CHARLESTON, W.Va. -- Rep. Nick Rahall said Tuesday that a possible link between mountaintop removal and increased rates of birth defects in the Appalachian coalfields needs further investigation.
But the West Virginia Democrat said that he isn't sure what agency should do that, or whether there's much Congress could do about the problem, even if a link is proven by further research.
Rahall also defended his efforts to weaken the U.S. Environmental Protection Agency's role in overseeing Clean Water Act permits for mountaintop removal operations.
"My efforts are not to stop EPA," Rahall said in an interview with the Gazette. "My efforts are to get EPA to work closer with the states. Cooperative federalism is the name of the bill that passed here last week with my co-sponsorship."
Rahall said that he hasn't read the recent study by West Virginia University researcher Michael Hendryx but has been briefed about it by his staff.
The study analyzed 1.8 million records of births between 1996 and 2003, and found "significantly higher rates" of birth defects -- affecting circulatory, respiratory, nervous, gastrointestinal and urogenital systems -- in mountaintop removal areas compared to areas with other types of mining or no mining at all.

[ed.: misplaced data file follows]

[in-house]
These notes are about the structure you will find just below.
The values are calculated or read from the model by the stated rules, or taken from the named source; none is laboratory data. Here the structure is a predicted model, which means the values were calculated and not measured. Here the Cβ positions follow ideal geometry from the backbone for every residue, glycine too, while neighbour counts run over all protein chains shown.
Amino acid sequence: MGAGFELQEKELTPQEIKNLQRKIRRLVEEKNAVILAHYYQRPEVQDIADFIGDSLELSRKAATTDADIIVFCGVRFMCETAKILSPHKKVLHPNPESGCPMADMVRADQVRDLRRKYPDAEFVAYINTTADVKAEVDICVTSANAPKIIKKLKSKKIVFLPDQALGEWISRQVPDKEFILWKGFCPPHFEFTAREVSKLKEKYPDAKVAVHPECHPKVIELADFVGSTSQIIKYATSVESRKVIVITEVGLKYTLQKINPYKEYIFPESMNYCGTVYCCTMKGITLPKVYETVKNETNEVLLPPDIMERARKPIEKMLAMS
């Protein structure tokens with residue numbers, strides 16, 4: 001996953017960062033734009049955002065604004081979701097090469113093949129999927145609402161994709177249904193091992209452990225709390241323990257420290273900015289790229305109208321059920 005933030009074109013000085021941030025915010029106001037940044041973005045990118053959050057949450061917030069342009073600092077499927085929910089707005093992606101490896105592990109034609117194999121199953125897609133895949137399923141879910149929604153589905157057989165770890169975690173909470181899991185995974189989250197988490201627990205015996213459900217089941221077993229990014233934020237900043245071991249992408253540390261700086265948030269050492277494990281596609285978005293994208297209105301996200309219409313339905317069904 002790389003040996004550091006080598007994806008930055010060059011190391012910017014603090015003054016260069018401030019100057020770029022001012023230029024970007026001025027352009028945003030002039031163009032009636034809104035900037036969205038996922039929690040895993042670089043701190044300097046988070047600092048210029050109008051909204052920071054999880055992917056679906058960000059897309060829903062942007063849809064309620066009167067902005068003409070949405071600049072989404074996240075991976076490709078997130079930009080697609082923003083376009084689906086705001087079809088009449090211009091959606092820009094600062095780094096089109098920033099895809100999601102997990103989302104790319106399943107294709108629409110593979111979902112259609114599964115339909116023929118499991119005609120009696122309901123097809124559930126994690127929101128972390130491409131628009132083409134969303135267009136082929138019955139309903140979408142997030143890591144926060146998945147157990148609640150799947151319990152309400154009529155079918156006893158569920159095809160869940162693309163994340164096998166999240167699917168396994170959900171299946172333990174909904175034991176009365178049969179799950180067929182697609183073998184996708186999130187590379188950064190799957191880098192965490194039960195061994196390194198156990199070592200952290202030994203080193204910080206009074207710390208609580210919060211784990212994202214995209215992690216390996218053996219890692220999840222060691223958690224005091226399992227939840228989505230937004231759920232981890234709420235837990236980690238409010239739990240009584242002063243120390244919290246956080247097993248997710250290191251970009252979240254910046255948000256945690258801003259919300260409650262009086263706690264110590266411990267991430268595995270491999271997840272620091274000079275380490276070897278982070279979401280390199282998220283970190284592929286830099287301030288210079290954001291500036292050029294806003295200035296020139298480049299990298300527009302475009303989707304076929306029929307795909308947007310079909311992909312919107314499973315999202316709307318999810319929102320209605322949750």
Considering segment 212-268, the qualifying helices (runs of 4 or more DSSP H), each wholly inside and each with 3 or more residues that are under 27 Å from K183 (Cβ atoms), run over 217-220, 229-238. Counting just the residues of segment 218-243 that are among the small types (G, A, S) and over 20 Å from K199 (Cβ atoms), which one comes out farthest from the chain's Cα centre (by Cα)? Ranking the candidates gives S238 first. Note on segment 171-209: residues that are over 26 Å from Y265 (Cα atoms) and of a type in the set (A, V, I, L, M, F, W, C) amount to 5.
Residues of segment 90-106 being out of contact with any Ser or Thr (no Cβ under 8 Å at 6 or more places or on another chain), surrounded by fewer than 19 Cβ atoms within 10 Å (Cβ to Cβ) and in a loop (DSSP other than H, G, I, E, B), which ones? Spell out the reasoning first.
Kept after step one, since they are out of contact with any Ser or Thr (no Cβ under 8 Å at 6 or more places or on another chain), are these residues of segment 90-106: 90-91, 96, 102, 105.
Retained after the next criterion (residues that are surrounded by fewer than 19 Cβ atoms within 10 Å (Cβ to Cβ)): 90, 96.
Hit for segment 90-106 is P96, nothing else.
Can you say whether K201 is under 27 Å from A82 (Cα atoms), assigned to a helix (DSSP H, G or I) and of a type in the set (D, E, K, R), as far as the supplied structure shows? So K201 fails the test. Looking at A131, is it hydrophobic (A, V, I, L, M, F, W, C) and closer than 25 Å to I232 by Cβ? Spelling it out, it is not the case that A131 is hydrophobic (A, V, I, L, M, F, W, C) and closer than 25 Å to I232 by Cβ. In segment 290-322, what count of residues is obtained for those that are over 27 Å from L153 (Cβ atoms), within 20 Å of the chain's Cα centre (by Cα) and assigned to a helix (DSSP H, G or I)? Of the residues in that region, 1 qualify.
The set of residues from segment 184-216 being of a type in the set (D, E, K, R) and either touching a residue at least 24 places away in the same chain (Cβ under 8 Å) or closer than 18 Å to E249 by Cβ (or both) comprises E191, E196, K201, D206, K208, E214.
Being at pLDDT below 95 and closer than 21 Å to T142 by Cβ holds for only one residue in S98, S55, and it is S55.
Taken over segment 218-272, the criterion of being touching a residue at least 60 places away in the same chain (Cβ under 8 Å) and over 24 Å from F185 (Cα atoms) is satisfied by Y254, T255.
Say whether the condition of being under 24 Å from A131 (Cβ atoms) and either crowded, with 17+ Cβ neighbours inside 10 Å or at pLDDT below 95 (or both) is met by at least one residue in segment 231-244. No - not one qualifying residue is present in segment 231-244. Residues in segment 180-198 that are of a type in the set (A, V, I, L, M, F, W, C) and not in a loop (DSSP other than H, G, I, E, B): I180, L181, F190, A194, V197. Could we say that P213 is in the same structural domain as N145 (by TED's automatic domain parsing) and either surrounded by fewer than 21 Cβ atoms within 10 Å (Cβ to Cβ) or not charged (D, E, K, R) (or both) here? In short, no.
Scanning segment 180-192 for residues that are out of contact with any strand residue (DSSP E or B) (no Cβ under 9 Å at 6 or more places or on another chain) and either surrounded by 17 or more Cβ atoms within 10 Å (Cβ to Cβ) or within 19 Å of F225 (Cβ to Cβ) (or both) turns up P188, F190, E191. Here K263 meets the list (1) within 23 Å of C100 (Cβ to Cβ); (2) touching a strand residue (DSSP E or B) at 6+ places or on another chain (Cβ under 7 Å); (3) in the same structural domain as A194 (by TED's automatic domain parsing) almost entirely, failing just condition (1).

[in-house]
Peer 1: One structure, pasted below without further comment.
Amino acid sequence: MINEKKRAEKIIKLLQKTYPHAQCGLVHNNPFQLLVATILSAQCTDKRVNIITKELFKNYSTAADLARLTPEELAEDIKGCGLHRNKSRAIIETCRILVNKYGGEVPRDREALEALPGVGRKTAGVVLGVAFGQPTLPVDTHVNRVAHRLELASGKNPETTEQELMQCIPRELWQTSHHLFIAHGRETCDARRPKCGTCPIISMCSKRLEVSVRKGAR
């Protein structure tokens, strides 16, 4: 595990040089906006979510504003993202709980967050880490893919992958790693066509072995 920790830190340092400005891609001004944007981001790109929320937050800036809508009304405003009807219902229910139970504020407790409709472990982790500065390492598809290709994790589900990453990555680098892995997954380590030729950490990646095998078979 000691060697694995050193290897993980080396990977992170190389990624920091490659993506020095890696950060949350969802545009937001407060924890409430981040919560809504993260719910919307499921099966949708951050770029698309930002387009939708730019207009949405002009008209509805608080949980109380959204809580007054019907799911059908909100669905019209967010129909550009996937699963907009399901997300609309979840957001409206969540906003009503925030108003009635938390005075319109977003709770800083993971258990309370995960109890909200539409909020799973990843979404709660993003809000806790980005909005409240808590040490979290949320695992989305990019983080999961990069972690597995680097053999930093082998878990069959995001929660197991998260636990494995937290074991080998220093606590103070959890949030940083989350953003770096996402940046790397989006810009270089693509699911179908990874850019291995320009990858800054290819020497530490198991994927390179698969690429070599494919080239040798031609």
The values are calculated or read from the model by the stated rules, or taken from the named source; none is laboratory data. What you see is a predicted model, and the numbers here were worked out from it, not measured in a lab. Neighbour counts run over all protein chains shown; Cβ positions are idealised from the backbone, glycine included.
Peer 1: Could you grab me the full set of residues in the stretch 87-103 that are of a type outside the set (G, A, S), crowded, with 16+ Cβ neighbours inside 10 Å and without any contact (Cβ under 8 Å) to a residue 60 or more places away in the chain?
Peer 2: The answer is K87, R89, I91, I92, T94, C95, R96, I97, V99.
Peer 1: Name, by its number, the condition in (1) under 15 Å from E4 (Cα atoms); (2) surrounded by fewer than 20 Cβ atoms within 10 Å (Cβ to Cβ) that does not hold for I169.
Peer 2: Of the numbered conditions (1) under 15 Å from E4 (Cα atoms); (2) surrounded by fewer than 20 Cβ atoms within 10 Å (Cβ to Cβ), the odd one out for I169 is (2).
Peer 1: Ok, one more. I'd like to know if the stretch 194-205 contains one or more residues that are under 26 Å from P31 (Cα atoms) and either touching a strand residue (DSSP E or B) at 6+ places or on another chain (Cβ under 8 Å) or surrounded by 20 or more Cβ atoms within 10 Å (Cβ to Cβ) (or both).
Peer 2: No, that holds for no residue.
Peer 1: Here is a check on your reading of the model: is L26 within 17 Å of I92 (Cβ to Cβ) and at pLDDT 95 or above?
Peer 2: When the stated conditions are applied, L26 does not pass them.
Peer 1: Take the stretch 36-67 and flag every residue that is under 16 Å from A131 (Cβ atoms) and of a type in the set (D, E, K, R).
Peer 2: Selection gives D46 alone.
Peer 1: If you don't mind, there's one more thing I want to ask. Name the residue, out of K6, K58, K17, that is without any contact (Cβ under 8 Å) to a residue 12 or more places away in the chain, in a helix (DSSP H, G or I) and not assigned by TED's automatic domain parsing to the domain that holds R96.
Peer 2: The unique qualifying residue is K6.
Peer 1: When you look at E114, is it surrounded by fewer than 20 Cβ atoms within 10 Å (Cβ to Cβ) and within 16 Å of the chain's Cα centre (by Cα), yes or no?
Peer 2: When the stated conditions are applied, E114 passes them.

Hendryx, Washington State University's Melissa Ahern and other scientists have published a collection of recent papers examining possible links between mountaintop removal and various illnesses.
Collectively, the papers have given weight to citizen complaints about coal's impact on public health. Anti-mountaintop removal activists point to the research to show that the issue isn't just about mining's effects on salamanders, mayflies or isolated mountain streams.